- Associated Press - Wednesday, March 11, 2015

HONOLULU (AP) - Hawaii is one step closer to having a system of medical marijuana dispensaries nearly 15 years after the drug was legalized in the state.

The House of Representatives approved a bill Tuesday that would pave the way for at least 26 dispensaries that could open in every county.

Critics of the proposal say the plan puts the state on a slippery slope toward full legalization of marijuana.

But supporters argue that the bill is about showing compassion for nearly 13,000 people with conditions such as epilepsy or pain that are alleviated by the drug. Although medical marijuana has been legal in Hawaii since 2000, there has been no real legal way for patients to get the drug, leaving most to grow it themselves or buy it on the black market.

Rep. Beth Fukumoto Chang, the Republican minority leader, said she had reservations about the proposal, but supported it because it would help an epileptic child in her district who has no legal way to obtain the medical marijuana oil she uses to treat her condition.

“I come from a pretty conservative community, but I think most of us can agree that if it helps this little girl - and for her this is a medicine - then we want to do something to help fill out the law, which essentially is half a law right now,” said Fukumoto Chang, who represents Mililani.

“This mother of this child in this district has to grow her own marijuana,” Fukumoto Chang added. “She has to get home every night through traffic and work on this.”

Republican Rep. Gene Ward said the drug should be sold in ordinary pharmacies, but Rep. Kaniela Ing countered that medical marijuana can’t be sold in pharmacies because it isn’t legal under federal law.

Lawmakers are tackling hundreds of bills in advance of a legislative deadline. Any bill that hasn’t passed out of its chamber of origin by Thursday will die.

Here’s a sampling of the bills that were passed in both legislative chambers on Tuesday:

- RAIL TAX - Lawmakers in both chambers advanced proposals that would allow an extension of a rail tax to fund Oahu’s financially troubled rapid transit project. Officials estimate the project may face a deficit up to $900 million.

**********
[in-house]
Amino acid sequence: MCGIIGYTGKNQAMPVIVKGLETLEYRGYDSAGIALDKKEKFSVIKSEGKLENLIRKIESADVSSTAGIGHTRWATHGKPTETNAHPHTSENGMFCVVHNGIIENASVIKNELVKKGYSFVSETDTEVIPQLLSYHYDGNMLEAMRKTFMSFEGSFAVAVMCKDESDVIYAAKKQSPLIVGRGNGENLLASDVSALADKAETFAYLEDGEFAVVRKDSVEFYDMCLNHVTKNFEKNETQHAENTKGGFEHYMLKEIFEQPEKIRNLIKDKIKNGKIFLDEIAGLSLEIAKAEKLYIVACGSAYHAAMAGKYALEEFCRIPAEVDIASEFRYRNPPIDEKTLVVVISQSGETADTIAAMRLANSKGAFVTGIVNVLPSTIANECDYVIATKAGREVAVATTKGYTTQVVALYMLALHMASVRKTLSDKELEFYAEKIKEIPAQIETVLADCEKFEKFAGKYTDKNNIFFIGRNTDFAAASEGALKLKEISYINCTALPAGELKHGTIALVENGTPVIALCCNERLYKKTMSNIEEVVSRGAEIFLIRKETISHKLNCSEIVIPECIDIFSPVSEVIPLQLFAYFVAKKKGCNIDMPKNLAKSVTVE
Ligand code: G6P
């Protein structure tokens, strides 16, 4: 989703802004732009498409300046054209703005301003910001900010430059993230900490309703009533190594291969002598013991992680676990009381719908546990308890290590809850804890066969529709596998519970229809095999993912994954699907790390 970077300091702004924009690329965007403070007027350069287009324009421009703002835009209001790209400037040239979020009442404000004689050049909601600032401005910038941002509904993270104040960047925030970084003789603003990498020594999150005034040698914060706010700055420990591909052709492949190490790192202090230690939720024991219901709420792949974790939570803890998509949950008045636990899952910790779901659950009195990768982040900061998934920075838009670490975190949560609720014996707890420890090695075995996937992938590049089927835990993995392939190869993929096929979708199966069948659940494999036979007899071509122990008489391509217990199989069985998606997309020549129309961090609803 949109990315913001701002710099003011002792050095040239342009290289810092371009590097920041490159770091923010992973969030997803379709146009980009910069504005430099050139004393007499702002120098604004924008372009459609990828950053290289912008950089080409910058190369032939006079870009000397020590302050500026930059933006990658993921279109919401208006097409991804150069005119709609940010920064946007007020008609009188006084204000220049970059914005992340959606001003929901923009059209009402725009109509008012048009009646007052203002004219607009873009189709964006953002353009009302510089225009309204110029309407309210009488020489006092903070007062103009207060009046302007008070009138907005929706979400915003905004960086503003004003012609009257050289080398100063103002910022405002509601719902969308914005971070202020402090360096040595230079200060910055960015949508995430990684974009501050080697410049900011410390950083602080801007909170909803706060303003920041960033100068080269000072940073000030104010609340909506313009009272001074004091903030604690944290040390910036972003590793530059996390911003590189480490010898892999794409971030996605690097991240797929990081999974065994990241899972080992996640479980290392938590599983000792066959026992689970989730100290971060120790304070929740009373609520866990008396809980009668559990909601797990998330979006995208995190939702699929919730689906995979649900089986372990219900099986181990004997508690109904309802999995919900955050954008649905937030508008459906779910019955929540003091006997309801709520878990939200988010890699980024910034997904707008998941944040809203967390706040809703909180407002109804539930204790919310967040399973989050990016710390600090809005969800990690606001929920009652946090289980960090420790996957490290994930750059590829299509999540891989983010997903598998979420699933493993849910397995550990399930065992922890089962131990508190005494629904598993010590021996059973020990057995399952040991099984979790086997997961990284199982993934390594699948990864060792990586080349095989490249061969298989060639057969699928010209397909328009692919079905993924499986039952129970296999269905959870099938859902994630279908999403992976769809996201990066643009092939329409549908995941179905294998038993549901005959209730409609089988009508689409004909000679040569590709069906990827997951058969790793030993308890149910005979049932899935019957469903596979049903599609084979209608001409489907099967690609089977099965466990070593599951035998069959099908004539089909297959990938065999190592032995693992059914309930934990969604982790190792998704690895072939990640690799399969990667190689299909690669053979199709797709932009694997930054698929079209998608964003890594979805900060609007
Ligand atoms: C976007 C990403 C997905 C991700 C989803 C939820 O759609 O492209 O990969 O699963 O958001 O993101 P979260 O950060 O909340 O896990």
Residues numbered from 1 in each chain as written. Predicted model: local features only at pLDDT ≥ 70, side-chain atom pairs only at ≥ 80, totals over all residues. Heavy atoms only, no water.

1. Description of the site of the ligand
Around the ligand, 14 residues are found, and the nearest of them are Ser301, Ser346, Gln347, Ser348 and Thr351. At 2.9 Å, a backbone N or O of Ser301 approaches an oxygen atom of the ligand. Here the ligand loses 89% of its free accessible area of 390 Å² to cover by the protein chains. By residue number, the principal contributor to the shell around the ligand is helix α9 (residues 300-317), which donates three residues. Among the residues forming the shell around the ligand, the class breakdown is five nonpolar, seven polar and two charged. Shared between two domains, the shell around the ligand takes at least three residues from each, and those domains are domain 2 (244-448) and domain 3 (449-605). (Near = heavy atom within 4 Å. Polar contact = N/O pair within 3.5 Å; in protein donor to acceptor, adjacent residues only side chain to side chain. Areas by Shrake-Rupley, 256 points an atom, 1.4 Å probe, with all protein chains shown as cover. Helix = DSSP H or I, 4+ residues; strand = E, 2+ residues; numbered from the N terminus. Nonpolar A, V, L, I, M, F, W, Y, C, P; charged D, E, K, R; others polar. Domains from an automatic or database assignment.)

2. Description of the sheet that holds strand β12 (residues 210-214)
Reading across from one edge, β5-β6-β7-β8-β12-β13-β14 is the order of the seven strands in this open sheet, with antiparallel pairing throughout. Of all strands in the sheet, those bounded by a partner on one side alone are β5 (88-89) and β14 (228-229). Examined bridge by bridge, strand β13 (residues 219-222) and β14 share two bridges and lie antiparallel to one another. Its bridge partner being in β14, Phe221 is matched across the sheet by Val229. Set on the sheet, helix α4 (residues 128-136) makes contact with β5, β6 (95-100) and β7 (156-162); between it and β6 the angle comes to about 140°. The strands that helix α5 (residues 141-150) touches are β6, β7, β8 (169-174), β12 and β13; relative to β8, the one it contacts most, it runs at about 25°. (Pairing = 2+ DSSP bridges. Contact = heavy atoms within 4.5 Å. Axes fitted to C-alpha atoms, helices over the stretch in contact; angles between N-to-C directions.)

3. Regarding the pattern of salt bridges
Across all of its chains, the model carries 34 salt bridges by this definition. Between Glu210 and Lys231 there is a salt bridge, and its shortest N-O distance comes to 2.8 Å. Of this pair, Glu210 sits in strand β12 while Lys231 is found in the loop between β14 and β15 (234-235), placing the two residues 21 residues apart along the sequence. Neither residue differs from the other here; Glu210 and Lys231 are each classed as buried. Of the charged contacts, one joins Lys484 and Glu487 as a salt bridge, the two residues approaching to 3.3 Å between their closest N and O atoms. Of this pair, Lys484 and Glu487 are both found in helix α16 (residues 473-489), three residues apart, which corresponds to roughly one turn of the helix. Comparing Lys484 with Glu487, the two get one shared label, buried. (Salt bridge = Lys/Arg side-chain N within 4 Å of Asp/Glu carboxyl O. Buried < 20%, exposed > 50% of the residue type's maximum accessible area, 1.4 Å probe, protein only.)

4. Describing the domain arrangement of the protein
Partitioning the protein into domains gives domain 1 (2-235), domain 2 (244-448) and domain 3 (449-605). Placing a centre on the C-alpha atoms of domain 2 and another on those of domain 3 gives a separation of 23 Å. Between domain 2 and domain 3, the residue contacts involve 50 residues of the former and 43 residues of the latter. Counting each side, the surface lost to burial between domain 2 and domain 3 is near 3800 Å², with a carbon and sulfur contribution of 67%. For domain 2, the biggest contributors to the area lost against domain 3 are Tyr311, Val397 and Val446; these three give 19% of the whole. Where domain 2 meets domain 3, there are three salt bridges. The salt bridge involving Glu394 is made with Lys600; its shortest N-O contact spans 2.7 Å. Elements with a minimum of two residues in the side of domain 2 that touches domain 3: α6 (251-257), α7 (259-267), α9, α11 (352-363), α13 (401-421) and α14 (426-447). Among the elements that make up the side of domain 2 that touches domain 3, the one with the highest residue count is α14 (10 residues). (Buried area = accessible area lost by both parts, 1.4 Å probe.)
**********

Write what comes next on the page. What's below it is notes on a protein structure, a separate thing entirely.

- NO SMOKING - Minors under age 21 wouldn’t be allowed to smoke traditional or electronic cigarettes, and electronic cigarettes would be banned in condominiums and on public hospital grounds under proposals passed by the Senate. Critics say people who are old enough to serve their country should be allowed to make their own decisions on smoking. A proposal passed by the House would ban electronic cigarettes everywhere that traditional cigarettes weren’t allowed.

- HELPING HOMELESS - People convicted of sitting or lying down on the sidewalk in districts where it’s prohibited would have a way to vacate the conviction under a proposal passed by the Senate. Another bill the Senate approved would give homeless people the right to privacy when it comes to their personal belongings, which are often confiscated during city raids.

- RESCUING HOSPITALS - A public hospital on Maui could enter into a public-private partnership and create a new nonprofit corporation under a bill approved by the House.

- GENDER IDENTITY - The Hawaii House approved a bill that would allow transgender people to change the gender designation on their birth certificates without having surgery. They could get a note from a doctor instead.

- SEX TRAFFICKING - A bill that would create a victim-centered approach to prosecuting sex trafficking passed in the Senate.

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